Wednesday, December 3, 2008

Has the world changed?

My last post was 10 days ago and in the last 10 days, a lot seems to have happened. The first and the foremost that is in our minds--the sad Mumbai terror attacks, some people have called it India's 9/11. Amitav Ghosh, the well known writer, has written a very interesting article on it. But we can always discuss that link later.

What was very distressing to me was the fact that the Indian media people were very immature. We had live updates and the Tv channels had to be told by the security commandos that they should stop live updates because it might give away the positions of the forces to the militants. Isn't it shameful? Can't the TV channels have enough sense to understand such delicate situations?

When the 9/11 took place in the US, did the US TV channels react the same way? Did they too show bloodied bodies on their networks? We had a number of channels and newspapers stating that 'the country was brought down to its knees' or 'the city was brought down to its knees' by 'ten' or 'twenty' young men etc. When 9/11 took place did Bush say so? Did US media say that the US was brought down to its knees? Or that the country was cowed down?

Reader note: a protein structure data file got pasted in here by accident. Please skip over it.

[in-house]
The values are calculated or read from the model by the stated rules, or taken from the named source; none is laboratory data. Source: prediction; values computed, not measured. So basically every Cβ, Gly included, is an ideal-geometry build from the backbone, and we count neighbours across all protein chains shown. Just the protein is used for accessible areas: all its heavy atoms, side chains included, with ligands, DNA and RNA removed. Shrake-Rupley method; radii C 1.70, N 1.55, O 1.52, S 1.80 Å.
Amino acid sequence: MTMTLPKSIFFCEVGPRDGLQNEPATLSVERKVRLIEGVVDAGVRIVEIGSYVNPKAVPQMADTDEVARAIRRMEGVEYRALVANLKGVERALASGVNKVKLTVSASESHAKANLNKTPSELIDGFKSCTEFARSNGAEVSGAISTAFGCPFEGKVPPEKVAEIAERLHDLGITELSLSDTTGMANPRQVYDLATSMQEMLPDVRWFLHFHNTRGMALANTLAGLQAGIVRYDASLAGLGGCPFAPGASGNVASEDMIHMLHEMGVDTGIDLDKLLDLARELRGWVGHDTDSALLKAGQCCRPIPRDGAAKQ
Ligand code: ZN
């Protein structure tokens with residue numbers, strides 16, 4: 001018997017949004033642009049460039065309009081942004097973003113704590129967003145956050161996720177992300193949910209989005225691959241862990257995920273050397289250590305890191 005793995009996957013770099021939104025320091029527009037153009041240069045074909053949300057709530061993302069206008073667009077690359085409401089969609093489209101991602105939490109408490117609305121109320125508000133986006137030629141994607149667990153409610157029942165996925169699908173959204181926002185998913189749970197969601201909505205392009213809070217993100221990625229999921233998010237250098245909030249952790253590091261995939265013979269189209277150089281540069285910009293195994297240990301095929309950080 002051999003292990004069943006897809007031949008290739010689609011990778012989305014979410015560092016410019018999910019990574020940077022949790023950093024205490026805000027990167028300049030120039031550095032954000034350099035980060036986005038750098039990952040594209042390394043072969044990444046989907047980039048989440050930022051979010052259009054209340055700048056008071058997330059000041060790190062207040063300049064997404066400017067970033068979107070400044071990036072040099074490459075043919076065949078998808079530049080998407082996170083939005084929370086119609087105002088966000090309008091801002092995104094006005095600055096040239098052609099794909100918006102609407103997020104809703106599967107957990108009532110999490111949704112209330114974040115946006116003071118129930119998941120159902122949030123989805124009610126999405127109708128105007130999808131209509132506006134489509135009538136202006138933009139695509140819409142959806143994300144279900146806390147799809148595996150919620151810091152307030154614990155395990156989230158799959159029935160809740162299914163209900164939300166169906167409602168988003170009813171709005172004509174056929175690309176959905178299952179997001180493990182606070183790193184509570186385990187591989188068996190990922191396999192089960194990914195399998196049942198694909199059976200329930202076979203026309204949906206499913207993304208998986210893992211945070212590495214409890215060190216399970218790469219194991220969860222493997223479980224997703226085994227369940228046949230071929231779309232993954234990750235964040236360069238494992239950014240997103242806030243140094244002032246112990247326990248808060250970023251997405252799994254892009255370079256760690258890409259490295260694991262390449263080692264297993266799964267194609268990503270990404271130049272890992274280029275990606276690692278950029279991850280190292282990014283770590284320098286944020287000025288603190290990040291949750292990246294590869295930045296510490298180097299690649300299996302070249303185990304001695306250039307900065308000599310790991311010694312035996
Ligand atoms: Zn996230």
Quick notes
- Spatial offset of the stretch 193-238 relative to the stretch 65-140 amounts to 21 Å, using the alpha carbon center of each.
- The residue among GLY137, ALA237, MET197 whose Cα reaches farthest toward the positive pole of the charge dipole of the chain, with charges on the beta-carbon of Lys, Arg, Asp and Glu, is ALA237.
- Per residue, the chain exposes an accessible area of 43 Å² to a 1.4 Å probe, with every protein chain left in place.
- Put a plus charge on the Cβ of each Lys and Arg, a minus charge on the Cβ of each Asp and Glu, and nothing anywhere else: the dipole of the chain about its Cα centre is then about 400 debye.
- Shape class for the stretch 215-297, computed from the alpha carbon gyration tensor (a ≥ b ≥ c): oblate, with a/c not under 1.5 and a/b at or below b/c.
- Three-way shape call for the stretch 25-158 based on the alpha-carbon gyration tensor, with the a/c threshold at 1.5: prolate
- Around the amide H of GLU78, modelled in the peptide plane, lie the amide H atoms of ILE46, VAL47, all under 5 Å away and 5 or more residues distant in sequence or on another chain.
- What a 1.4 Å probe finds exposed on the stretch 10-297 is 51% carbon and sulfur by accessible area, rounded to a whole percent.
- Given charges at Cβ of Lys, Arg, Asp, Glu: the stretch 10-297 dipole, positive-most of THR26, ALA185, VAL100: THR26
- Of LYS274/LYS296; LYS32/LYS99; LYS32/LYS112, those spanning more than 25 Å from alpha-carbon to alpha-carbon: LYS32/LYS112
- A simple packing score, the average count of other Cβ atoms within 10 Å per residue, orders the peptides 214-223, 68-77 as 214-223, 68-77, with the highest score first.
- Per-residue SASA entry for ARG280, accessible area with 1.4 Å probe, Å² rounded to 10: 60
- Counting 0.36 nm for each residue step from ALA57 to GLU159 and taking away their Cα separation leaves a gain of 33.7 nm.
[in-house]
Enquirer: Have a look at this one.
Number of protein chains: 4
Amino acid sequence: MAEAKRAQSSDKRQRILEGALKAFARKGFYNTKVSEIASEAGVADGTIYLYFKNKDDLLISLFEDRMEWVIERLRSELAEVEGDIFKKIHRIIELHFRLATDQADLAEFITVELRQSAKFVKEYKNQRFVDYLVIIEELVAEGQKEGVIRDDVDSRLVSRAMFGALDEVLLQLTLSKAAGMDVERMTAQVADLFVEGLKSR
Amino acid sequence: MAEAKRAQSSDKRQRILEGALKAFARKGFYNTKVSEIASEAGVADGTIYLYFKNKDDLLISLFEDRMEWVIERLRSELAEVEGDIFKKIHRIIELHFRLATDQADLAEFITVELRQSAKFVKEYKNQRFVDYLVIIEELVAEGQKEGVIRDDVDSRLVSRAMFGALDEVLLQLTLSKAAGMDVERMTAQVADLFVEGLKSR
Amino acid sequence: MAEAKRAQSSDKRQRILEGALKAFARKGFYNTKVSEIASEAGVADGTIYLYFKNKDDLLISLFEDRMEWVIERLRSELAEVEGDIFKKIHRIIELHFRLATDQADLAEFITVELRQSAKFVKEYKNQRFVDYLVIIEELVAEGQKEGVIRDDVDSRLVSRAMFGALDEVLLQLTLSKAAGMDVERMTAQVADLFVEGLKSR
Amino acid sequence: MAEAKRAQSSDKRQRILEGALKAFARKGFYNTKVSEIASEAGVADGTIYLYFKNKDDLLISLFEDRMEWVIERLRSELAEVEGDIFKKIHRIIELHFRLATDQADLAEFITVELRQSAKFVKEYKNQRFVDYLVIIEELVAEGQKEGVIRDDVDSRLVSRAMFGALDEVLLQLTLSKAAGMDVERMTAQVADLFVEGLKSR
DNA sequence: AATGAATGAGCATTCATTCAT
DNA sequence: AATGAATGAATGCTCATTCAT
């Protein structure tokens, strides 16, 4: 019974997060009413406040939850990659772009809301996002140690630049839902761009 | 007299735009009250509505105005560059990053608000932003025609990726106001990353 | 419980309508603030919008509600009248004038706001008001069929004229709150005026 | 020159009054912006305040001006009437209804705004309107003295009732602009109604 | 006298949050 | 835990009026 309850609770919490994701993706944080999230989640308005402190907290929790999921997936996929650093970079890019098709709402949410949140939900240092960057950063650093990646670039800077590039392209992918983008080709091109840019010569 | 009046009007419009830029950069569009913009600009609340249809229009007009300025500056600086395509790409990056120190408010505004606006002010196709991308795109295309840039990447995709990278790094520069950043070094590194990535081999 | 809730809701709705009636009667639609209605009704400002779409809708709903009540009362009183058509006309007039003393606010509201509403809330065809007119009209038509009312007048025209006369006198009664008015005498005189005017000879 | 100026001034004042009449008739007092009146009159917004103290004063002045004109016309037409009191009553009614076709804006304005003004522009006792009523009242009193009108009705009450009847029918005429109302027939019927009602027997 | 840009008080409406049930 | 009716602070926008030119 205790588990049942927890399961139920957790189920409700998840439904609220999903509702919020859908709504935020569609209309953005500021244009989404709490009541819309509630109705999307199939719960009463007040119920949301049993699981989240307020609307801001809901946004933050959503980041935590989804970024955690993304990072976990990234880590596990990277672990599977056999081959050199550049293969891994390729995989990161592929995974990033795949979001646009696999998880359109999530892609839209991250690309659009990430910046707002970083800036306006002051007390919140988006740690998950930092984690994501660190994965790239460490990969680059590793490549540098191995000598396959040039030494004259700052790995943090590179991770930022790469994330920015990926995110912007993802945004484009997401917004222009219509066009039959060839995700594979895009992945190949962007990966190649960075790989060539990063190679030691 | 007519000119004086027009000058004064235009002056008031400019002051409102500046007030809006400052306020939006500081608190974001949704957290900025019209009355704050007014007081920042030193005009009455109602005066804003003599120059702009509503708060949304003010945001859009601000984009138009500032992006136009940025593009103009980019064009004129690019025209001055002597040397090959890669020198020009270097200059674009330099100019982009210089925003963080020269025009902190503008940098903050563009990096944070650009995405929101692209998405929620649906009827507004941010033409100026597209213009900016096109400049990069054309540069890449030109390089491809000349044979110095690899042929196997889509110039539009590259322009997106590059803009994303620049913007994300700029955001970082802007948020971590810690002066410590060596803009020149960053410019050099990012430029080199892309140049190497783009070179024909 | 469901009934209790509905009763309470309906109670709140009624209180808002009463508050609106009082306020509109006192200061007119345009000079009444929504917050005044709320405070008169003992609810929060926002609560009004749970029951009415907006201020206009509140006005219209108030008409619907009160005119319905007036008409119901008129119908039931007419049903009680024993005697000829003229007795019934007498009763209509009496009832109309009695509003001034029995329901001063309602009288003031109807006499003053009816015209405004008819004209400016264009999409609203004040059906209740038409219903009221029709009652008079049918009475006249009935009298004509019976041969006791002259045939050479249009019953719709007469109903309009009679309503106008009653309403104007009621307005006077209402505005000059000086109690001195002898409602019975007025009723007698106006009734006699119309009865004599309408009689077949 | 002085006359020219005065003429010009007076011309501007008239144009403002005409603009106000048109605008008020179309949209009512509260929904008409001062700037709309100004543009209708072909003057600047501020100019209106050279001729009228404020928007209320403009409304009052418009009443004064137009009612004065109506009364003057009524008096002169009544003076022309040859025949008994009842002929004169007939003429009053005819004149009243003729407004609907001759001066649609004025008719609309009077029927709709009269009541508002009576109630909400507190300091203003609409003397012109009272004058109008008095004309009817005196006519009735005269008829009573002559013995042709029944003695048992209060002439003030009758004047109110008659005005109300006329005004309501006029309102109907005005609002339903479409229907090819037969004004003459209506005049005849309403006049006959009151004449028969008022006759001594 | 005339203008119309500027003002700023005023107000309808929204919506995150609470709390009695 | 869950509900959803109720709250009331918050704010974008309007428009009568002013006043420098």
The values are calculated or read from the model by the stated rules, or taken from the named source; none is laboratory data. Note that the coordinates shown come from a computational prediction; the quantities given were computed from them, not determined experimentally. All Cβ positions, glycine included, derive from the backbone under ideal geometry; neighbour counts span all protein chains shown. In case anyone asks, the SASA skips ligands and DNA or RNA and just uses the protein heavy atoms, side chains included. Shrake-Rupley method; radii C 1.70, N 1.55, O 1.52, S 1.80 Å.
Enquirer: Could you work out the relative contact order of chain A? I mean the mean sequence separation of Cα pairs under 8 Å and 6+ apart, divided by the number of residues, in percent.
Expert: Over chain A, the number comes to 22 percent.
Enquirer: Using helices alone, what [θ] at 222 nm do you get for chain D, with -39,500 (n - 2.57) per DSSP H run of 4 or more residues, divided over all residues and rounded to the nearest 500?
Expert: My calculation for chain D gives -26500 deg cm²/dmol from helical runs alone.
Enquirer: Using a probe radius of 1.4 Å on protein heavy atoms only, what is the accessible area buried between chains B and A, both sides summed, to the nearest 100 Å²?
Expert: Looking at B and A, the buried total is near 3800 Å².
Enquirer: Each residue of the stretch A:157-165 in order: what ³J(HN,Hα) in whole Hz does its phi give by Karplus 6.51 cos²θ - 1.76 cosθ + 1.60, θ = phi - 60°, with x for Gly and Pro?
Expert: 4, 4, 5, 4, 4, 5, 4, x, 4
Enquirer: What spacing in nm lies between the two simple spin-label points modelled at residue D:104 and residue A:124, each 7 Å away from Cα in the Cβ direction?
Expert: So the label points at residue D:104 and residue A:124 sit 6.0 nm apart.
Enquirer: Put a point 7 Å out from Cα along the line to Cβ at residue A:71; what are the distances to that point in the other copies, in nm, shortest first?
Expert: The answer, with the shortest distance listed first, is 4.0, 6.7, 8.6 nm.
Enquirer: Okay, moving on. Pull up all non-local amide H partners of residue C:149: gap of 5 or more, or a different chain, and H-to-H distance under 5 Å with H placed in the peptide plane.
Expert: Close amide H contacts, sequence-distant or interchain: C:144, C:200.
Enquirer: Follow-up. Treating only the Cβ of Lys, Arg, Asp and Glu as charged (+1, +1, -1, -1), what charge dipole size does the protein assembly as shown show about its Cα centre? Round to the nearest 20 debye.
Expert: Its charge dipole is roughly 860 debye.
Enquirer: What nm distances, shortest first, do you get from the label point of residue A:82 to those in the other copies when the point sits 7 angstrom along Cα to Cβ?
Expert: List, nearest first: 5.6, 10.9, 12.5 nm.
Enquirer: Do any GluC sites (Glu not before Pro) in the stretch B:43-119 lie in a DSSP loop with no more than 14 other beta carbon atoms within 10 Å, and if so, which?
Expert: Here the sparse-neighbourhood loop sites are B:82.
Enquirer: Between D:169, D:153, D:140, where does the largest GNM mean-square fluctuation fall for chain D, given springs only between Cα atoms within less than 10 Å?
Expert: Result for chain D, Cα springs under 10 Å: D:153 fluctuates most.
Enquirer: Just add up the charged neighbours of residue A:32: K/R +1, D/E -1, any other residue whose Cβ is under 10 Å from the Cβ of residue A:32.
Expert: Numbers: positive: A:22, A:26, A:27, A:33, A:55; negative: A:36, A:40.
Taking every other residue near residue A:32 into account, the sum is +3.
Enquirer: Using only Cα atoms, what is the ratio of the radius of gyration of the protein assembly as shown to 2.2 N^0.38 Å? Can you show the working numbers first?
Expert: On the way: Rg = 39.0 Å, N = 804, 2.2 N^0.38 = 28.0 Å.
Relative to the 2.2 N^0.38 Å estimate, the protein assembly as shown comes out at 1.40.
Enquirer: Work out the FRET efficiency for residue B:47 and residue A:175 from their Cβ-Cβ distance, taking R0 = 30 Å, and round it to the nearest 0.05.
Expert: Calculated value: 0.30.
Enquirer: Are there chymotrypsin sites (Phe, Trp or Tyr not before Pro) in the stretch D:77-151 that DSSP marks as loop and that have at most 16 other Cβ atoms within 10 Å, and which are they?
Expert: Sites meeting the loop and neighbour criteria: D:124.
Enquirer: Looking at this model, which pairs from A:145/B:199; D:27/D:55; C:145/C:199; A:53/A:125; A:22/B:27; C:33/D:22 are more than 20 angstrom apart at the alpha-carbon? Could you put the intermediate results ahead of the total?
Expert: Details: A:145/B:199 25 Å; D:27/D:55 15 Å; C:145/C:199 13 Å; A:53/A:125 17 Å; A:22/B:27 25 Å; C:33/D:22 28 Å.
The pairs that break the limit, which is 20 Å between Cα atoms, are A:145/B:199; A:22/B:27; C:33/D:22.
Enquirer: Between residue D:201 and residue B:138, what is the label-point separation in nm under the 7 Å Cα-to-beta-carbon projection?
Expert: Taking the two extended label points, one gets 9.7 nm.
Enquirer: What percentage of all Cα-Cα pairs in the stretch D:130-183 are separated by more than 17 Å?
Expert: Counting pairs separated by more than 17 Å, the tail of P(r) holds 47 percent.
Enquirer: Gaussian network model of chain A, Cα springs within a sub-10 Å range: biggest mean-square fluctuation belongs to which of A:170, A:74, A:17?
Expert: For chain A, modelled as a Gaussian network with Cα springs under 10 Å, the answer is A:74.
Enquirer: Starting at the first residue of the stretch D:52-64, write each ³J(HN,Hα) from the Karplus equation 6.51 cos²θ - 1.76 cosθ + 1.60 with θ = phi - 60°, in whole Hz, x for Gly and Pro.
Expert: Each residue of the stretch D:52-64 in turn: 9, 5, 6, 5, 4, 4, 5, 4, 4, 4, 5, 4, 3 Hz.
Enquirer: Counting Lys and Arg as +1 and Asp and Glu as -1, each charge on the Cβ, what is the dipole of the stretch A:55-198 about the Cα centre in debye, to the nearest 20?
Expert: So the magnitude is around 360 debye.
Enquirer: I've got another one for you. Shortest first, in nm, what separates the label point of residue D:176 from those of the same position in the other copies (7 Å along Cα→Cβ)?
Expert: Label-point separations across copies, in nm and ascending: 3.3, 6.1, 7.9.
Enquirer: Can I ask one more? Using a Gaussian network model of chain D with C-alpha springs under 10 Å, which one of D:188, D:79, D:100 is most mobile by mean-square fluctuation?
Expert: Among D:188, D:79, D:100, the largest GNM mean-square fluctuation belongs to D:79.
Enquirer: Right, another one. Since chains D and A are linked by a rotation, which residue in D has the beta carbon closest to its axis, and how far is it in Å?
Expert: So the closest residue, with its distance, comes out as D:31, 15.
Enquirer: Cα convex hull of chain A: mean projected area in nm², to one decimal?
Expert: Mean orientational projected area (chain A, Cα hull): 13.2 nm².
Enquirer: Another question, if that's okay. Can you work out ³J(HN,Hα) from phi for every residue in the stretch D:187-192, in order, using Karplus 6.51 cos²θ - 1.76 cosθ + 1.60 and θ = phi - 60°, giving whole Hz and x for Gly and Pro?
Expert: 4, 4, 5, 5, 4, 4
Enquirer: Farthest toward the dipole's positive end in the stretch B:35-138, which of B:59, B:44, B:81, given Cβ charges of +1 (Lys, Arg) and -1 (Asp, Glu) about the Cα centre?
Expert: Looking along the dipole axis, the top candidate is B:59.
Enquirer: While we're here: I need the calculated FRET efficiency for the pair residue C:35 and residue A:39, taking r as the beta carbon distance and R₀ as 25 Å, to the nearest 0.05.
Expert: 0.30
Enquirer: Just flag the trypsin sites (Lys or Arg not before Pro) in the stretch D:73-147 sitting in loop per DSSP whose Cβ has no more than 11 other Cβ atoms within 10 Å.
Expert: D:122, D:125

These are very important and pertinent questions.


Suzana said...

Excellent points! Sensitivity apparently applies only to our own. Just another example of how broad "the other" is from the US point of view. At times, it seems to encompass most of the world... save maybe Western Europe or Israel.

Shine Kapoor said...

Your points are valid. Media should have followed voluntary retrain while covering Mumbai seige, this attitude is further exploited as India do not have any broadcasting law, this calls for genuine broadcasting laws.


Betsy Hansel said...

As a New Yorker who watched the World Trade Center towers fall from my office window in 2001, I have to say that I found the US news coverage of the event to be just awful, but for perhaps different reasons that you put here. What was awful? Mostly, they reported any rumor they had, and there were lots of them flowing around that day. They also showed the film clips over and over again, as if the image we saw the first time wasn't etched permanently in our memory. I stopped watching. In part, I had to stop, since I received my broadcasts from the tower that used to sit on top of one of the World Trade Center towers, but more to the point, I stopped watching because there was no new knowledge to gain from watching, and no historic context to draw new insights. It was a big relief when finally the radios were willing to play music again.

I spent about a week in Mumbai when it was still known as Bombay, and I remember the beautiful harbor and the many lovely people I met and interviewed as part of my research there. My heart and my hopes are with all of you in India in these moments.